A video has surfaced very recently of Sergeant Ericson of the Elgin Police department interacting with a group of young automotive enthusiasts in the parking lot of a Taco Bell.
(Video Below)

This video of the interaction has been gaining a lot of traction over the last day. It’s not because people are outraged– it is the exact opposite. The officer is addressing a group of people that are in violation of Taco Bell’s no loitering policy and the Elgin Police were called to enforce the law. It is in the respectable manner that the law was upheld that is gaining traction with the masses.

We don’t typically post this type of content on The Chicago Traveler– but for me this hits home. I became rooted in the automotive scene at the young age of 15 and I found myself standing in the parking lot of a Taco Bell multiple times a week. I will say that I find it strange how Taco Bell seems to be the official unofficial car meet venue across the nation. I’ve been to multiple Taco Bells in multiple states to chat about cars.

For me personally, I have rarely had any negative experiences when it comes to police intervening in our plans. Yes, some officers are a lot more raw and it ruined our moods to the point where we would talk smack (among ourselves, not to the officer) for a few minutes to blow off steam, then regroup in a more acceptable spot.

This video is a prime display of an Elgin Police officer respectably enforcing the law– and also it seems like an reenactment of many of the scenarios that I have found myself in.

Here is a breakdown of how Sergeant Ericson of the Elgin Police Department completely nailed handling this situation.

1) He makes himself personable.

Right away at the beginning of the video Sergeant Ericson is comfortably leaning against the grill guard of his cruiser. He is in a non-threatening stance with an assertive, yet relaxed voice. This is a non-violent scenario, so there is no need for immense authority.

At one point, someone even waves to the camera and says “Hi, Mom”– Sergeant Ericson then looks at the camera and waves before returning to addressing the group without even missing a beat. He is personal, not intimidating since there is no need to be.

This may be the first time that some of these teenagers have ever been in a situation where the police have showed up. Sergeant Ericson showed these kids that just because an officer is in uniform doesn’t mean that they aren’t a human.

2) He uses this opportunity to teach a lesson.

He informs the group that they need to leave, but not to be foolish and break traffic laws as they leave. That will cause them to be fined. He even states, “I don’t want to be that guy. I didn’t like speeding tickets when I was a kid– I really don’t want to give them to young kids that are just having fun.”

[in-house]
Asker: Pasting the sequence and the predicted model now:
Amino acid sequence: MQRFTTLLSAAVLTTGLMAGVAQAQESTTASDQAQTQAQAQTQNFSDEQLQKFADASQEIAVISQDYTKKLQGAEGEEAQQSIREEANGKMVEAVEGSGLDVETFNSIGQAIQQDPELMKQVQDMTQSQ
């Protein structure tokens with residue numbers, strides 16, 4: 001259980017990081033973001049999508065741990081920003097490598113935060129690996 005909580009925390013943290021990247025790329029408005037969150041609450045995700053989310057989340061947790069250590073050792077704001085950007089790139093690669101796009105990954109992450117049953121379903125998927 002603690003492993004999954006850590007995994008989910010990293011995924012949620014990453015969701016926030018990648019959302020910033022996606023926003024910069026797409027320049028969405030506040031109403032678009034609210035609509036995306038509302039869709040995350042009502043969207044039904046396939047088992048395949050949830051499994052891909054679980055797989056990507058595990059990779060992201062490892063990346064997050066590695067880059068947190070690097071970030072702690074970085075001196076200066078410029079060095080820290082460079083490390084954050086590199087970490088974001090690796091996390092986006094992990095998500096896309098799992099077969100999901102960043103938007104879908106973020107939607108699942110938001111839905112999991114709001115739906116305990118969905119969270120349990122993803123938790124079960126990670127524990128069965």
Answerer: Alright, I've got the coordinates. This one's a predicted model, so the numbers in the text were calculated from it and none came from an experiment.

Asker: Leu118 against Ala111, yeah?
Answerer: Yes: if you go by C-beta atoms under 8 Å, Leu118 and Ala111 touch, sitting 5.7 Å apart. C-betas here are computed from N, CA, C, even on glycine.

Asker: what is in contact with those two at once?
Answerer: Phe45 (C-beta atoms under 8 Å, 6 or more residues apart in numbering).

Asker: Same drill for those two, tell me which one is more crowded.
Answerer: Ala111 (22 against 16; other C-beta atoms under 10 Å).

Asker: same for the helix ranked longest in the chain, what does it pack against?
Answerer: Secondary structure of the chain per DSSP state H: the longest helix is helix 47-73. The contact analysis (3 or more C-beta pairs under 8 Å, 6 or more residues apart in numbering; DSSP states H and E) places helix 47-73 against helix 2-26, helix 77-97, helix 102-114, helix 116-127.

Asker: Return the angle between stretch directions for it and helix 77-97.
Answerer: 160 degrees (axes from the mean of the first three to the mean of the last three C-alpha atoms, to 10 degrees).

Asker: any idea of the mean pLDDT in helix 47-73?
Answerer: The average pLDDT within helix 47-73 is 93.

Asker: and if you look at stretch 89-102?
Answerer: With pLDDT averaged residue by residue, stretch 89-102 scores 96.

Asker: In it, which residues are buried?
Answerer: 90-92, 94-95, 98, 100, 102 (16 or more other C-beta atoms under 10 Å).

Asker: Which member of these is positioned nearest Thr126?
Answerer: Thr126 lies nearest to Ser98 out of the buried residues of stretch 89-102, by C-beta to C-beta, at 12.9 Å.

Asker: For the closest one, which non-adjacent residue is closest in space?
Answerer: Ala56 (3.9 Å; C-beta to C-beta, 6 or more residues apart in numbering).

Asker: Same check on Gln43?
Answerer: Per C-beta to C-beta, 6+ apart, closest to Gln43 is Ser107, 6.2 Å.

This gives the group something to connect with– speed behind the wheel. Many grew up the same way; engaging in shenanigans and learning life lessons. I have met a surprising amount of police officers that are deeply rooted in the automotive scene.

Police officers aren’t fun suckers; they just want you to be respectful and responsible.

Sergeant Ericson uses this as an opportunity to connect with the youth in the community and assist them in reaching the same level that the Elgin Police Force is on. He could have just showed up, flipped cherries, yelled until everyone left– but no. He respected them and in return they displayed respect. Which comes to my next point.

3) Respect is returned.

Sergeant Ericson states, “I’d rather come here and treat you like adults”. This is precisely what everyone needs to keep in mind. Respect is given where it is deserved. Act like an adult, cooperate, use common sense and if you have something to debate– do it in a calm and intelligent manner. You don’t want people to disrespect and freak out on you, don’t expect to do it to a police officer or anyone else without repercussions. Rather than the majority of these kids having animosity towards the Elgin Police Force, they may see them in a little brighter color. After all, the police were just the messengers. It is Taco Bell’s policy of no loitering.

4) Some officers truly want to connect with the community that they are serving.

I mentioned earlier that I have met officers that have also been automotive enthusiasts. I’ve stood in parking lots and have had intelligent mechanical conversations with people in uniforms– which can be rare to find anyone these days that have deep mechanical knowledge.

At one point Sergeant Ericson asks if anyone has questions. A young man speaks up and asks how fast the police cruisers go. He replied, “They suck. But, I drove better cars when I was younger.” He later goes more into detail and regains a little bit of dignity for his heavy cruiser. His response though made the group laugh– that is the purest form of connection that you can have with someone.

The rest of the video Sergeant Ericson recaps that no more loitering and being respectful is all that he request. “I want to be on the same team”, it coined multiple times in this video and that is precisely what the public and the police force needs to keep in mind. Both need to work in unison to keep the community progressing in harmony.

The video ends with the man behind the camera introducing himself to Sergeant Ericson and shaking his hand. Perfection.

My thoughts on the Elgin Police Department.

From a diehard automotive enthusiast, I want to sincerely thank Sergeant Ericson and the entirety of the Elgin Police department for outstanding service and being a prime example of what how to properly handle a situation. Obeying the law isn’t always fun, but following the laws doesn’t have to be boring either.

Watch the entire situation play out. What are your thoughts on how Sergeant Ericson / Elgin Police Department handled this situation? Leave your comments below.


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